In elementary and secondary schools that have strong SEL implementation on their campuses, students have highly positive perceptions of the relationships between classmates and between adults and students. At these schools, teachers also feel that their work environment is more positive than teachers at schools with less integration of SEL. Interestingly, and importantly, these results were even stronger in high-needs schools (that had been implementing SEL for at least four years) as compared with non-high-needs schools. 

These findings tell us that relationships in school and school climate matter. As SEL moves from what we do to also who we are, these research findings lay the groundwork for a focus on SEL in adults. We know that we are one of the national leaders in SEL work, but there is always more work to do, and a clear next step is working with adults to improve their SEL skills. We want teachers, staff, and parents to be able to model and embody the same skills and spirit of SEL that we promote in our students to impact learning.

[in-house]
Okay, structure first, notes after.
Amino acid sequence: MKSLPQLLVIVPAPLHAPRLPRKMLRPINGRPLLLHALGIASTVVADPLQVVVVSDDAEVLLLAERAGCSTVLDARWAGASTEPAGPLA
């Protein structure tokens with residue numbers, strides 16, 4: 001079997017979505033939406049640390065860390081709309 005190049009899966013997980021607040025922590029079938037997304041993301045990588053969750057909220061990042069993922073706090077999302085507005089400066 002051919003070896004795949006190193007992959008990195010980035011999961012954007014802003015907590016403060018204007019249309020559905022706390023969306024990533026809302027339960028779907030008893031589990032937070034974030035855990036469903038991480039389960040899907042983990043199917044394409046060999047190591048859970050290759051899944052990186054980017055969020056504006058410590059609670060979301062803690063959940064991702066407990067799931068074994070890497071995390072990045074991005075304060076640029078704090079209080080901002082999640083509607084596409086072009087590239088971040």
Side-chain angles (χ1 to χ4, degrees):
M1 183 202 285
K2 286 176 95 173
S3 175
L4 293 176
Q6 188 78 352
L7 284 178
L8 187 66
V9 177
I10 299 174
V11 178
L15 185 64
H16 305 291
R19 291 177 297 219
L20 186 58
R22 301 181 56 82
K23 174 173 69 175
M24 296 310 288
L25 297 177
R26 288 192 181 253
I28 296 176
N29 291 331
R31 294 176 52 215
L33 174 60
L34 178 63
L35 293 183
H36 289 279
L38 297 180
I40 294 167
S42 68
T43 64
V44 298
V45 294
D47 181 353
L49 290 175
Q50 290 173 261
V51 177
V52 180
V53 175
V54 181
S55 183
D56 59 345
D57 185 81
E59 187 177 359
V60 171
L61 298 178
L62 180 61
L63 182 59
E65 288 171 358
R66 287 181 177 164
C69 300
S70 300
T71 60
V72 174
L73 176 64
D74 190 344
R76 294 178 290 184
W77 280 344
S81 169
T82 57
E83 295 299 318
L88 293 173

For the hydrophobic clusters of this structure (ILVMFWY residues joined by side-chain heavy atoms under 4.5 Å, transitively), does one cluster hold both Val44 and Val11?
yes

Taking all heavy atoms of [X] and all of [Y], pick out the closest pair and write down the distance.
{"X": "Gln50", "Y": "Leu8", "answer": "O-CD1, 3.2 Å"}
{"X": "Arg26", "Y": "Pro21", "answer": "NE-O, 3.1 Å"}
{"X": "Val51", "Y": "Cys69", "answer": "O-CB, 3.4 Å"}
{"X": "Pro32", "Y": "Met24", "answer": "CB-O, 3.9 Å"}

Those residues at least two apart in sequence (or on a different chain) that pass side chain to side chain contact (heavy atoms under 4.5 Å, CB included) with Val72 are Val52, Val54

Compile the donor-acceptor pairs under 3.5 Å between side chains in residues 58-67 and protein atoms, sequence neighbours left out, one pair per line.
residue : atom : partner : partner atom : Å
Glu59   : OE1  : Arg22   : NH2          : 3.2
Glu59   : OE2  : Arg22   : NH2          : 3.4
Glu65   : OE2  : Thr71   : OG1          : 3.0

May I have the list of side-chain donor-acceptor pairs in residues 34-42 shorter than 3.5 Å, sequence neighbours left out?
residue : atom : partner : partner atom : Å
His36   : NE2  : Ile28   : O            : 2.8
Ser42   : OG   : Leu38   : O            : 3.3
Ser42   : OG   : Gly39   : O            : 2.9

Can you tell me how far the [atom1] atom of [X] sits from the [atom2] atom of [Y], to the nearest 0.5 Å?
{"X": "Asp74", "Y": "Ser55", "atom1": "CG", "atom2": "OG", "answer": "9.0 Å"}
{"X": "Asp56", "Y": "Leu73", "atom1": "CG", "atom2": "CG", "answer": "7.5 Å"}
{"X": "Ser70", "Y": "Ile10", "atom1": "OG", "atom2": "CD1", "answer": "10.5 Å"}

This year, 450 campus administrators were trained in trauma-informed care and culturally responsive teaching.  James Butler, SEL Mindfulness Specialist, and the rest of the SEL Team are offering professional development in Mindfulness for educators.  The SEL Team has worked closely with campuses to ensure teachers have the tools for self-care, effective teacher language, and avoiding power struggles, among other adult-centered topics.  A cross-sectional group of AISD leaders (called the Fellowship) meets regularly to deepen their knowledge of SEL research and best practices, in order to create the next iteration of AISD SEL, which we are calling SEL 2.0.